In the 1840s, barely 40 years after its emergence, phrenology hypotheses had been discredited by the scientific community. However, interest in these practices spread to America and Africa with European colonization, and in many places they have resurfaced at specific moments, especially as a tool of racial domination.
- Related article: "Morphopsychology: your facial features ... indicate your personality?"
Basic postulates of Franz Joseph Gall
Gall published in 1819 his key work: "Anatomy and physiology of the nervous system in general, and the brain in particular, with observations on the possibility of recognizing many intellectual and moral dispositions of man and animals by the configuration of their heads."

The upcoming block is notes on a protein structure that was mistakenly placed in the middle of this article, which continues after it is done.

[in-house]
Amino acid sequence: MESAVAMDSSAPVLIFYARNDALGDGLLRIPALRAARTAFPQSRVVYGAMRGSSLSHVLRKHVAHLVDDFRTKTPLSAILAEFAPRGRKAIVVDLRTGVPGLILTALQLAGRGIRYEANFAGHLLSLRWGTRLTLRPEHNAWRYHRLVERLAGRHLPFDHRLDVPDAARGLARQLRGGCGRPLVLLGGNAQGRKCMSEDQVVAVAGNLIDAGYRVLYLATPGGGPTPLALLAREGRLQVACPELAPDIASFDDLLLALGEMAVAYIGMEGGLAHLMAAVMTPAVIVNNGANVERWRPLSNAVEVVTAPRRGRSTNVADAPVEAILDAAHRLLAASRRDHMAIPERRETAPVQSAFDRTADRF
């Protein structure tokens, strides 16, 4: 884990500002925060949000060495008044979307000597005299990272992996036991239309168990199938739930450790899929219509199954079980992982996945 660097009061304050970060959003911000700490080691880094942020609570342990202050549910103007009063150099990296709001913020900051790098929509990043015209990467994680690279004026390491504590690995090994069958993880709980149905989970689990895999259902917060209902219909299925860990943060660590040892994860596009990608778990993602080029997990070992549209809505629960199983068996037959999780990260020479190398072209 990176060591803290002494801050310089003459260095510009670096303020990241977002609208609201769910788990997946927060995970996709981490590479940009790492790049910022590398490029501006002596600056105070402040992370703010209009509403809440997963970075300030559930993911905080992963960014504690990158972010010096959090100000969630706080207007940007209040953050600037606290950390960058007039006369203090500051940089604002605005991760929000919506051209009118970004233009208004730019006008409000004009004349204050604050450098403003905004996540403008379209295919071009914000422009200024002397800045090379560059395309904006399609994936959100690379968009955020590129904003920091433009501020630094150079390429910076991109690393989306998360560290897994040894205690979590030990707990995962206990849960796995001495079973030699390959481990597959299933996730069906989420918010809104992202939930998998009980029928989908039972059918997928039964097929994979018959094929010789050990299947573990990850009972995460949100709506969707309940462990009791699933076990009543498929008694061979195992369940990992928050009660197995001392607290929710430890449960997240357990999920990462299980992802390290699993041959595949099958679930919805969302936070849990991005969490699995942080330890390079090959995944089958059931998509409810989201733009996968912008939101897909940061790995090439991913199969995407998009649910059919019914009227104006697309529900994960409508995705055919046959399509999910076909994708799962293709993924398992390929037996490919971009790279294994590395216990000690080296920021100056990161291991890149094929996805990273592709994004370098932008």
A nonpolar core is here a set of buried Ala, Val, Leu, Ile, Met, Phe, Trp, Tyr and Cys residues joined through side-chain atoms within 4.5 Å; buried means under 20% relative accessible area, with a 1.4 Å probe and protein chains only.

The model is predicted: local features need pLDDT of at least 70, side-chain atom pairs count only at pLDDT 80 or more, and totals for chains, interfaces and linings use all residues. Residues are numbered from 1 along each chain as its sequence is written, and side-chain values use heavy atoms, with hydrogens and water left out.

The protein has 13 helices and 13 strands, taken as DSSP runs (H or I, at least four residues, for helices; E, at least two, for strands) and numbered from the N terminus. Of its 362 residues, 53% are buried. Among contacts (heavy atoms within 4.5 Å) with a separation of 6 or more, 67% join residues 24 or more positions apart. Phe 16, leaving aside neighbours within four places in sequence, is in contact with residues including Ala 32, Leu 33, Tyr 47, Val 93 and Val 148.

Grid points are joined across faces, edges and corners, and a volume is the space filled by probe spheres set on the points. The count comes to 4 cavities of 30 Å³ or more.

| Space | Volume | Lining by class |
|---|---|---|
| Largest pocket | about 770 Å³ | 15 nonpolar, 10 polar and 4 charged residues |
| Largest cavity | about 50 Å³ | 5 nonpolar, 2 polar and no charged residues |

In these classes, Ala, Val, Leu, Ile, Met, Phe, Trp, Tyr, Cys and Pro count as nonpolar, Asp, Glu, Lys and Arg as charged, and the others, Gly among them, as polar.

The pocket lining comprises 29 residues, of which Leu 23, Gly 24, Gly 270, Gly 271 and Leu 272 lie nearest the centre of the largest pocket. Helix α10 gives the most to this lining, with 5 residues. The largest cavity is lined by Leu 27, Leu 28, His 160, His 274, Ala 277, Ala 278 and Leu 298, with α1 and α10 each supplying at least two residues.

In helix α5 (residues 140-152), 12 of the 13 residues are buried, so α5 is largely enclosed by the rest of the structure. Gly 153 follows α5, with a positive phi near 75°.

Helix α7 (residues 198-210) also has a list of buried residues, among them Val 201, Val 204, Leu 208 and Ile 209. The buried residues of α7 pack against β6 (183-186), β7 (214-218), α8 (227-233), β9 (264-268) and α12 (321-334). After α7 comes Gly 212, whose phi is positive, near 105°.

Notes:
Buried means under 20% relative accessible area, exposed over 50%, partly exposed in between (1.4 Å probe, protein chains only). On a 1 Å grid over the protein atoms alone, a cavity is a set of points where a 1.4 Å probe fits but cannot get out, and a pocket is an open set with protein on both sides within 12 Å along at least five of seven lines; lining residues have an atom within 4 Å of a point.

In this text, Gall described the six basic postulates of phrenology .
1. The brain is the organ of the mind
For phrenologists the mind was located in the brain; Today this idea, which was not new in the days of Gall, enjoys great popularity. This approach was opposed to the conception of mind as a manifestation of the soul, more widespread in the eighteenth century than today.
2. The mind is composed of faculties
The mind is not a unitary entity, but is composed of multiple faculties. In phrenology the concept "faculty" refers to the different specializations or tendencies of the mind , like ambition, perseverance or benevolence. Later we will make a list of the faculties described by Gall.
3. Each faculty is located in an organ
Gall considered that, since the mental faculties are different and unique, they should necessarily be located in separate "organs" of the brain. This postulate turns phrenology into a antecedent of localizationist theories on the functions of the central nervous system.